We often hear runners’ stories of ultra-distance races, but we seldom hear about these runs from the perspective of an athlete’s support crew, or seconds, and the critical role they play in supporting the runners. I hope that writing about my experience as a second in the recent Washie 100 Miler not only gives the event the attention it deserves, but also gives runners useful insight into the support they will need out on the road, and how they should assemble their support team. – BY THOLAKELE CHARMAIN SHANDU
Far less people have heard of the Washie100 Miler in South Africa than the Comrades Marathon, so for those who don’t know it, the Washie is a 160km road race from Port Edward to East London, with a 26-hour cut-off. The race starts at 5pm on a Friday and is run as close to the full moon as possible, but runners must still get through a long night of running, much of it along an undulating, busy highway.
It is a very long, gruelling run, and one of the requirements of the race is that runners must have a support team of seconds to look after them, in a car in good running condition and with enough petrol to drive up and down the route. And so this July, I and two running mates were invited to be seconds when our friend Gerald Pavel signed up to run the Washie for the first time, and that 160km trek was the longest thing any of us have ever been exposed to.
Gerald has four Comrades bronze medals, and his team of seconds included a Comrades gold medallist in Prodigal Kumalo, who has also won several races on the track and in cross-country, on the trails and over the marathon distance. Then there was Zisandele Mkhize, a Comrades Bill Rowan medallist who also boasts podium finishes in various trail races. And then there was me… I am merely a Comrades finisher. Against these talented Comrades runners, I couldn’t help but feel that I was second-best with my three Comrades Vic Clapham medals, which were all achieved in the last 30 minutes before the 12-hour cut-off. Also, the fact that my Comrades record includes two DNF’s did not help my confidence levels. Nevertheless, there I was.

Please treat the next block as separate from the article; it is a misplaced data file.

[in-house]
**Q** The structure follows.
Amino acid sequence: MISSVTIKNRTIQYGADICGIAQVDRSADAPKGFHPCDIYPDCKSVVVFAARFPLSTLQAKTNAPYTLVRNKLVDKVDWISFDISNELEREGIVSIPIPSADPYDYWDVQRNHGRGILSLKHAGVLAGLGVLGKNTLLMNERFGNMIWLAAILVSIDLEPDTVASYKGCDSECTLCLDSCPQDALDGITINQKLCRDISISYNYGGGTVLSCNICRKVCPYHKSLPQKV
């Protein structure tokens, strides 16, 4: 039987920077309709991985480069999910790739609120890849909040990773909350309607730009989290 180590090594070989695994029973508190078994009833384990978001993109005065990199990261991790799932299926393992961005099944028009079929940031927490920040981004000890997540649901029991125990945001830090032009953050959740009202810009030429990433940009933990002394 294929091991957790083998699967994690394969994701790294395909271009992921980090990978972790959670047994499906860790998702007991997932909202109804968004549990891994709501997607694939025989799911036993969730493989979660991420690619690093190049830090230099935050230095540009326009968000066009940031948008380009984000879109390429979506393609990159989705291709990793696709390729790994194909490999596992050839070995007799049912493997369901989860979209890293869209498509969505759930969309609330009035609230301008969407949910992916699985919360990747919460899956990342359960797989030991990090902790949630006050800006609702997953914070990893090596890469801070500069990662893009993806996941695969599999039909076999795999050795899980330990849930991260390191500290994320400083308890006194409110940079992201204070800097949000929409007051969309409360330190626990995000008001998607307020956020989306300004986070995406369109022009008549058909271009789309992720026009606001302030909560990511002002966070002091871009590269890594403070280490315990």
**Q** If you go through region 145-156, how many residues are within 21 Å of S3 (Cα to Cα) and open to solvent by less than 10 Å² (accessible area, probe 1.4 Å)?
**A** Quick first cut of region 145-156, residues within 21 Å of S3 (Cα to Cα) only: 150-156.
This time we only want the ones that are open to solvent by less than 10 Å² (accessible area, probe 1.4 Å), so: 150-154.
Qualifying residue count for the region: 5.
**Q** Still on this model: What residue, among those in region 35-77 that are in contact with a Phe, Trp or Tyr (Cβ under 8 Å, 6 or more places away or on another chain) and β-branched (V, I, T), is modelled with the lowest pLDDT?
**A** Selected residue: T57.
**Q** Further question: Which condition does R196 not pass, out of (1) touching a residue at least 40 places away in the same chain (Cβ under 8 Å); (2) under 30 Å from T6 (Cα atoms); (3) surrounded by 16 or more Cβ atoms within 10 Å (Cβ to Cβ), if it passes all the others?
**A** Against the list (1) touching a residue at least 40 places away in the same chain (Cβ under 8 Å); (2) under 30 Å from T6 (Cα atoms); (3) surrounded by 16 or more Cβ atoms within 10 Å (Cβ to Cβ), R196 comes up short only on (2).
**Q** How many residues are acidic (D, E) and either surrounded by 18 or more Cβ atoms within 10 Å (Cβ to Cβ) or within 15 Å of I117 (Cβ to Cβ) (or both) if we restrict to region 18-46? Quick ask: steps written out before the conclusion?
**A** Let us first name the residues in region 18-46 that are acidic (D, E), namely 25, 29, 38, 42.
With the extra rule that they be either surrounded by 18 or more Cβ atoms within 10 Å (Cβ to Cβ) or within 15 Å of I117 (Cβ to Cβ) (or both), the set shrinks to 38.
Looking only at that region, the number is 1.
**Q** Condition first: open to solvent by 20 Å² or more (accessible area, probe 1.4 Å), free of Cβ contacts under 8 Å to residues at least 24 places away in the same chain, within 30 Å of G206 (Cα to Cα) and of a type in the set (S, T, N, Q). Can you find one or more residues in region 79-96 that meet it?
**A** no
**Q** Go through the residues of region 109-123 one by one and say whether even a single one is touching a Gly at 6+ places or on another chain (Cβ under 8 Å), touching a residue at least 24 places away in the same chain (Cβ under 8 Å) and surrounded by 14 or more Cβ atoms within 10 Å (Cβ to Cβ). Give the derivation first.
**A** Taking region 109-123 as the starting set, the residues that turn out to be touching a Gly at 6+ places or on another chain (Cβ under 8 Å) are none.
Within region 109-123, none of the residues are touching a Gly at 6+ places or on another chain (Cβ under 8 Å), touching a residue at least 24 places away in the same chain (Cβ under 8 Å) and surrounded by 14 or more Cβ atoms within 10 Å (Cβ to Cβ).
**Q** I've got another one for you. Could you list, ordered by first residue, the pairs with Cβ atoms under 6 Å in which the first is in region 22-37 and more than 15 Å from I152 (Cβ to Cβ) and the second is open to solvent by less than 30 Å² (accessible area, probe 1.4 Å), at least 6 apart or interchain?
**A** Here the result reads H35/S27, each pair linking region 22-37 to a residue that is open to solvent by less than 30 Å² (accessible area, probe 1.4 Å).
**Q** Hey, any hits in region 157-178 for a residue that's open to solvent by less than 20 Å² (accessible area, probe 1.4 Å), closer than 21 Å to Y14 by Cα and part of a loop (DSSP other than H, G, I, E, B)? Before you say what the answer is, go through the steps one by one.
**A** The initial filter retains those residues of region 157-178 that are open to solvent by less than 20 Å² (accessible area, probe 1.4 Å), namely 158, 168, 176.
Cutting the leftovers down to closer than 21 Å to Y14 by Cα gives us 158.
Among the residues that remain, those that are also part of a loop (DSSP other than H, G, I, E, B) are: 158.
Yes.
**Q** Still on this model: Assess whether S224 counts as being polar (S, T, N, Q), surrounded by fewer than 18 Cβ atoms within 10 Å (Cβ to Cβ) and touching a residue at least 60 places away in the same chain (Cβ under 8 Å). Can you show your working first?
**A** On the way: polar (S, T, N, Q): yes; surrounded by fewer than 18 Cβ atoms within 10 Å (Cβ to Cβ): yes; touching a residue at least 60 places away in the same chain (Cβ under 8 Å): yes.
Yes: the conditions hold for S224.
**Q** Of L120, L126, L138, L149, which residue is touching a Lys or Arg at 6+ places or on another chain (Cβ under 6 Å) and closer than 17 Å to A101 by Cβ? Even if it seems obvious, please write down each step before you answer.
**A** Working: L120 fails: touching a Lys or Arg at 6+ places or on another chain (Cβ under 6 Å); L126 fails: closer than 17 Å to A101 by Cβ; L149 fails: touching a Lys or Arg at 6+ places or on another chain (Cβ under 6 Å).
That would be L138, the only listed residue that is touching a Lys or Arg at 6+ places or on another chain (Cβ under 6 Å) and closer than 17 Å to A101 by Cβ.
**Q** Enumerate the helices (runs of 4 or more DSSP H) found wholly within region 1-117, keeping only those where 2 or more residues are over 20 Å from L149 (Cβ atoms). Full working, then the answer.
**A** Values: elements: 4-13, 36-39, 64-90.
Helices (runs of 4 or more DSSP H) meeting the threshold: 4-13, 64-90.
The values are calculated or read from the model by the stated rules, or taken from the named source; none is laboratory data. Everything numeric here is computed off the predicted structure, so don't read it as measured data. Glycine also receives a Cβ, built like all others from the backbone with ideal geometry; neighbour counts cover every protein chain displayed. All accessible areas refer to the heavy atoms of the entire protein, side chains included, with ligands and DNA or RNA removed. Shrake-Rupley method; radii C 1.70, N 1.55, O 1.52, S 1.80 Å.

Now let’s come back to the role of a second: You are supposed to supply the runner with food and ensure that they are adequately hydrated, and ensure that the sustenance is provided at the right intervals. The second is also a cheerleader, storyteller, jokes master, singer, poet, and reader and confirmer of the very big glow-in-the dark kilometre markers to the incredulous runner. The second must also have thick skin and be able to withstand verbal and emotional abuse from the runner, who may think the sun revolves around them…
Seconds also need to be able and willing to run, as one of their jobs is to keep the runner company by running at certain intervals alongside their runner, so they must be fit and have a fairly good understanding of what running entails. Our plan was that I would do most of the driving and just do a little running with Gerald, to relieve the other two main seconds.
Friend in Need